I replied to an ad for a place that sounded wonderful, with unusually low rent. I was keeping in mind the old maxim "If it sounds too good to be true, it probably is," but at the same time, it's only an email. It can't hurt to ask.
Everything I wanted to know about the property was answered in the affirmative. Then the supposed owner told me that I should fill out a rental application and, if approved, I could see the place.
Hmm. It's been six years since we looked for a place to live, but I'm pretty sure you don't fill out an application before you even see a property, unless you're working with a real estate agent. That would be a colossal waste of time. And why would I send personal information to a person I haven't even met, for a house I might not even want?
I tried to arrange a time to see the house, saying I would bring the completed application with me, and if we liked the house, submit the application on the spot.
Supposed Owner said he would not meet me at the house. He would give me the address and send keys "by secure courier". OK. That is weird.
At the same time, I heard back from another ad I replied to, also with an extremely low rent. This Supposed Owner had to leave the country suddenly for missionary work! They would give me an address where I could see the exterior of the house, and would mail me the keys.
Next stop: Google. "Rental scams." Dozens of sites describe this very common scam, but the SCAMwatch website, run by the Government of Australia, is particularly concise.
Fake rental properties and shared accommodation listingsToday in the Craigslist housing listings, I noticed two ads, both identical to ads I saw yesterday - same photo, same text - but with the rent 30% lower. The poster hadn't even bothered to change conflicting information: the text said "no smoking no pets," but the Craigslist template was set to "cats OK dogs OK". (Example: original ad, scam ad.)
Prospective tenants are being ripped off by fake rental property and shared accommodation listings on the internet posted by scammers.
SCAMwatch is warning prospective tenants to be wary when responding to rental properties advertised on the net where the 'owner' makes various excuses as to why you can't inspect the property but insists on an upfront payment for rent or deposit.
Scammers will often use various shared accommodation sites to post these fake listings. They will go to great lengths to ensure that the offer looks genuine by including photos and real addresses of properties. However, photos and details of properties can be easily obtained on the internet.
Once hooked, the scammer will request money, often via money transfer, or personal details upfront to 'secure' the rental property. SCAMwatch warns consumers not to send money or provide personal details to people you don't know and trust.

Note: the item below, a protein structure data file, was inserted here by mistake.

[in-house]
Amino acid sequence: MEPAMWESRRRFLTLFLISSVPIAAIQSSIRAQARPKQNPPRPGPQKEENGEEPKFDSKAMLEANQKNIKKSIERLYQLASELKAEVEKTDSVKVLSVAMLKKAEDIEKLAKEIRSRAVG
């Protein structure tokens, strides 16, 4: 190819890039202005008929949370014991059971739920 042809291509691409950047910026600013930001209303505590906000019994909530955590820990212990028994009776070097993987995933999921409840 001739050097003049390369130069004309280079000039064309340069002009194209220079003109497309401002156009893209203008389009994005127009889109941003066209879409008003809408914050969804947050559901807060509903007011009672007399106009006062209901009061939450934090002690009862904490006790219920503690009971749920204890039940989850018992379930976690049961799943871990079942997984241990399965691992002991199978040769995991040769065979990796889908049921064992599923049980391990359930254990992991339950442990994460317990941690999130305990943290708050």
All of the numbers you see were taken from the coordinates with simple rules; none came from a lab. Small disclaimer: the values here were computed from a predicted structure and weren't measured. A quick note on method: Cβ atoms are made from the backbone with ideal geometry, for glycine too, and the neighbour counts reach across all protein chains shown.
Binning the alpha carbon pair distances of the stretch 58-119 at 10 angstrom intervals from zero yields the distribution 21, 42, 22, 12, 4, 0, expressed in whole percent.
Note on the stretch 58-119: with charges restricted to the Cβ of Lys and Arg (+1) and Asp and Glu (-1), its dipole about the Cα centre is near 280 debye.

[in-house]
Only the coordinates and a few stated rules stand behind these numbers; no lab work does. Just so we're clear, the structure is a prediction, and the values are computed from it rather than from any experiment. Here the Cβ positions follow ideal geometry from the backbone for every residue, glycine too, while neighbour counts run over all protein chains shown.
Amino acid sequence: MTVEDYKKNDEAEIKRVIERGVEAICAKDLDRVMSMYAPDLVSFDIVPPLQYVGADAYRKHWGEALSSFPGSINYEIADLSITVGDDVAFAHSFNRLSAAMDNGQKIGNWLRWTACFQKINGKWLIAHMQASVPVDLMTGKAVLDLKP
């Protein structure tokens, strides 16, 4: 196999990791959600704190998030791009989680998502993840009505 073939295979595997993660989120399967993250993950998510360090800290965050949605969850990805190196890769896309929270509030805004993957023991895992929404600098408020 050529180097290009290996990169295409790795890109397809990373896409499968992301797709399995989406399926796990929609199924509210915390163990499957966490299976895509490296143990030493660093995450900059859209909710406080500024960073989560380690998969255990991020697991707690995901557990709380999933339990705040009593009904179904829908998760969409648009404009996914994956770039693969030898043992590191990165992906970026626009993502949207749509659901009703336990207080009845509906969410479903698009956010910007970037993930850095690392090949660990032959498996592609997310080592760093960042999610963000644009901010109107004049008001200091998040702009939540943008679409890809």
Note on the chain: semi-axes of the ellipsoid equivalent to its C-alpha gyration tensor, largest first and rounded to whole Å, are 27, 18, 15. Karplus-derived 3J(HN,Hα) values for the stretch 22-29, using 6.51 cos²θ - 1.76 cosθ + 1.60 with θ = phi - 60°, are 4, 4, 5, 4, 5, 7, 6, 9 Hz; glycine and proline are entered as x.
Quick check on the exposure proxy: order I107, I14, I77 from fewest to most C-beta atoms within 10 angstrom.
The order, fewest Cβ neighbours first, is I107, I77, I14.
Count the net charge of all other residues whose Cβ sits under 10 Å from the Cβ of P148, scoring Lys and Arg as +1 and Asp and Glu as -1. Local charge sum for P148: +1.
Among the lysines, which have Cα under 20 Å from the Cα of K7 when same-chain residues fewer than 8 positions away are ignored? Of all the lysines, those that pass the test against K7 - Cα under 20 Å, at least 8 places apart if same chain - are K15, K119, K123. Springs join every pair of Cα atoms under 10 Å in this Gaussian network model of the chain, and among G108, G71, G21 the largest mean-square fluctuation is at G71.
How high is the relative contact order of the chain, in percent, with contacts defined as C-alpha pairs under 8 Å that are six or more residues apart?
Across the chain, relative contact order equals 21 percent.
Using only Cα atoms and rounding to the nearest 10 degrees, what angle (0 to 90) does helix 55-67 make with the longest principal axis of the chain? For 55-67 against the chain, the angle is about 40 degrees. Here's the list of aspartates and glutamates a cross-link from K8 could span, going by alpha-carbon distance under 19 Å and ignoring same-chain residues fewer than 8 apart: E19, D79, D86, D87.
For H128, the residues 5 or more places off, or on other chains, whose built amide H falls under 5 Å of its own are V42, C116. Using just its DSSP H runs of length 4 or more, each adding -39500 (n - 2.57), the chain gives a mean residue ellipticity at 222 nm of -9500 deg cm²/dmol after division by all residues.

Warning signs - what to watch out for:
- Too good to be true offers.
- Ongoing excuses as to why the property cannot be viewed, such as the owner is overseas.
- Securing the property requires an up front fee via money transfer.
- The prospective landlord lives overseas.
How to protect yourself
- Insist on inspecting the property - a drive-by is not enough. With these types of scams, the property may genuinely exist, but it is owned by someone else.
- If it is overseas, ask someone you can trust to make inquiries. If there is a real estate agent or similar in the area they may be able to assist.
- Do not rely on any information provided to you from anyone recommended by the person advertising the property.
- An internet search on the name of the person offering the property and their email address may provide useful information.
- Where possible, avoid paying via money transfer. It is rare to recover money sent this way.
Like many people, when I heard about these scams in the past, I used to blame the victim. How could anyone fall for this? Now I take a more generous view. People can't know what they haven't been taught. Need or desire can blind us, and affordable housing is rarer than an honest real estate agent.
It's not just fresh-off-the-boat rubes and hayseeds that get taken. This New York Times article describes "a woman in her 20s who works in finance at a major investment bank" who came close to falling for a scam. Several people described in that article thought they were savvy, but ended up forking over money to con men.
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